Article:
Voices in the Wind, January 2012
Frank (Gregg Rainwater) and his wife Diane (Noelle Dupuis) enter an antique
shop one day in search of an artefact. They encounter the shop-owner Mr. Sagen (Norm McLeod), who points them towards an old
cylindrical gramophone ...
What starts off as a normal run-of-the-mill shopping trip ends up as a nightmare,
as Frank is transported back in time to 1903. His name has changed into Johnny (a neat allusion to the old American popular
song "Frankie and Johnny"), and he is now married to Mabel (both roles played by the same actors), with a daughter Virginia
The ensuing action switches between the early twentieth century and the preent day,
with Frank/ Johnny becoming more and more perplexed: is he going mad, or is he actually being transported back in time. Each
reference to the song "Every Now and Then," a popular hit in 1903, serves only to confuse him further. Both Diane and Mabel
become increasingly worried about him, as he is clearly not the man they married.
The action of Zarr's play culminating in an exciting climax, as Johnny is
involved in a shipwreck, and subsequently transported back to the present at the very moment when he appears to have lost
his family ... As Frank, he breathes a sigh of relief; he does not have to suffer any more. He thinks that what has happened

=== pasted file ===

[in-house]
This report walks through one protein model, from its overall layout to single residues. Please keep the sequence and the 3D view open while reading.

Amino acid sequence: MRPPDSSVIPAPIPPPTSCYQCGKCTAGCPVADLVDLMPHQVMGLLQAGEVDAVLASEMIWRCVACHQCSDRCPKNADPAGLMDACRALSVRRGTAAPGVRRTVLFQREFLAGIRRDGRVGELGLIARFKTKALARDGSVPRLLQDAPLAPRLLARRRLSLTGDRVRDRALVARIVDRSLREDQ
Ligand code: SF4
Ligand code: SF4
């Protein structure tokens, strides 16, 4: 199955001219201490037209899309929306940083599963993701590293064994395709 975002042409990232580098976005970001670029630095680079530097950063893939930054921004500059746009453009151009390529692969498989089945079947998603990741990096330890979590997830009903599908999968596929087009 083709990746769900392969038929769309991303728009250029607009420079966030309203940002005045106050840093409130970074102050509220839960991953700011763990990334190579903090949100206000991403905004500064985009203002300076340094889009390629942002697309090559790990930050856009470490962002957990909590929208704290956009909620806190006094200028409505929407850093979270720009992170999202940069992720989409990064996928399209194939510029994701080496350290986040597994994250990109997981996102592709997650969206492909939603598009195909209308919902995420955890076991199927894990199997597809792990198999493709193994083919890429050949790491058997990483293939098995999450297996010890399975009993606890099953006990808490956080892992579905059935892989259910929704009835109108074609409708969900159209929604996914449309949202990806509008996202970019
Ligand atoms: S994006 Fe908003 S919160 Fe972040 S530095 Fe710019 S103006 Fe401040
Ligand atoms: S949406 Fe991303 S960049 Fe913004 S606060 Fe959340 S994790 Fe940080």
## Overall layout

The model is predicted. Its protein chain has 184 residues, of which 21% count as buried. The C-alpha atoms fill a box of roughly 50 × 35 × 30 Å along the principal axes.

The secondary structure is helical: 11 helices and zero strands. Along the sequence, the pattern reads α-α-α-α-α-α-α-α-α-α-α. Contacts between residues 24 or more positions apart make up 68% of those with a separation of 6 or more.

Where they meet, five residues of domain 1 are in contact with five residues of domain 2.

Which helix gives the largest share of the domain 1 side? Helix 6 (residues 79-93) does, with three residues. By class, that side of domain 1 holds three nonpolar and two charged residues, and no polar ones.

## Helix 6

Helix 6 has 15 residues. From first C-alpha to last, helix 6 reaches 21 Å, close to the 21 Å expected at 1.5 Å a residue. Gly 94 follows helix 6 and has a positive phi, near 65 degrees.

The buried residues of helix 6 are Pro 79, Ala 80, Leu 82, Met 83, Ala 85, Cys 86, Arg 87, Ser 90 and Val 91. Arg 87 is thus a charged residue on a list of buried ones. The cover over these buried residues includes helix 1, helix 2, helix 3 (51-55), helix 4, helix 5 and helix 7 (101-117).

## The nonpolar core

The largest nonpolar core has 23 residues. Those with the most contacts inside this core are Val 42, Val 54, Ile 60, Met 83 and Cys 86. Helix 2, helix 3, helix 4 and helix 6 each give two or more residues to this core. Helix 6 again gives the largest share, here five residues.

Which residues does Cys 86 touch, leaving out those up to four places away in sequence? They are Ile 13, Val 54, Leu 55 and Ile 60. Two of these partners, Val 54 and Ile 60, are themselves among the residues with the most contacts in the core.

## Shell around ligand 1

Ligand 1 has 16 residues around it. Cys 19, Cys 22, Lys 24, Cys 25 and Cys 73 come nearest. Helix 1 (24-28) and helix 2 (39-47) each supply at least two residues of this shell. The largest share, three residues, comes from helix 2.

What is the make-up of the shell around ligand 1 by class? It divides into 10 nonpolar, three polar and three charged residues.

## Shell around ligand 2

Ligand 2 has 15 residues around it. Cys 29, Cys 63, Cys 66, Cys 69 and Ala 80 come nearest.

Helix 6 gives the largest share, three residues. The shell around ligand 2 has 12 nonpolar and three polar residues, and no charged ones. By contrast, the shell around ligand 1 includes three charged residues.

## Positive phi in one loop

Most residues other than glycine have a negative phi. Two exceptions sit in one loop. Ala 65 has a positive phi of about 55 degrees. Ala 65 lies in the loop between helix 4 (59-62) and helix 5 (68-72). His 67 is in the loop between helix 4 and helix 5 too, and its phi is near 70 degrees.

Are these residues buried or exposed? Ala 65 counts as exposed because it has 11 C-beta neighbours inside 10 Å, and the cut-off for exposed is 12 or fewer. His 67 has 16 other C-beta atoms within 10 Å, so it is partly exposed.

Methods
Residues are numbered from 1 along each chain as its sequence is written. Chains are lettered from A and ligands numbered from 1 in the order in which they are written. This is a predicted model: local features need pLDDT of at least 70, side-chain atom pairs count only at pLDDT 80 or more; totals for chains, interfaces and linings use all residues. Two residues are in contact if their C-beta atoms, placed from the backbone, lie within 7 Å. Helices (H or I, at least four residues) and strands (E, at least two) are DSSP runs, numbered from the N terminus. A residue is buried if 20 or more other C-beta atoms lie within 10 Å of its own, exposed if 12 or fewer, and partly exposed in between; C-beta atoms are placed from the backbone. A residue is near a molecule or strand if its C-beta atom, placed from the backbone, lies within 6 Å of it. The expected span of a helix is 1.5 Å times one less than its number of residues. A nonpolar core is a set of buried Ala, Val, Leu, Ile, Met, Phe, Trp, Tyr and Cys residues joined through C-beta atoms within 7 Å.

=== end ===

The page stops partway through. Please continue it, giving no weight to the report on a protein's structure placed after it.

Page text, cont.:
is all a dream ... but is it?
The subject of time-travel is a perennially popular one, ever since H. G. Wells published
The Time Machine in 1895. Author Zarr creates an intriguing suspense-drama, focusing in particular on Frank/ Johnny's
increasingly confused state of mind, as he does not really know whether he has been transported back to the past,
or returned to the present. Gregg Rainwater offers a vocally nuanced performance, oscillating between extreme confidence
I see from the Voices in the Wind website that Every Now and Then
has been selected for inclusion in the Radio Drama category at the Atlanta Fringe Festival, later in 2012. I think the
play deserves serious consideration for an award.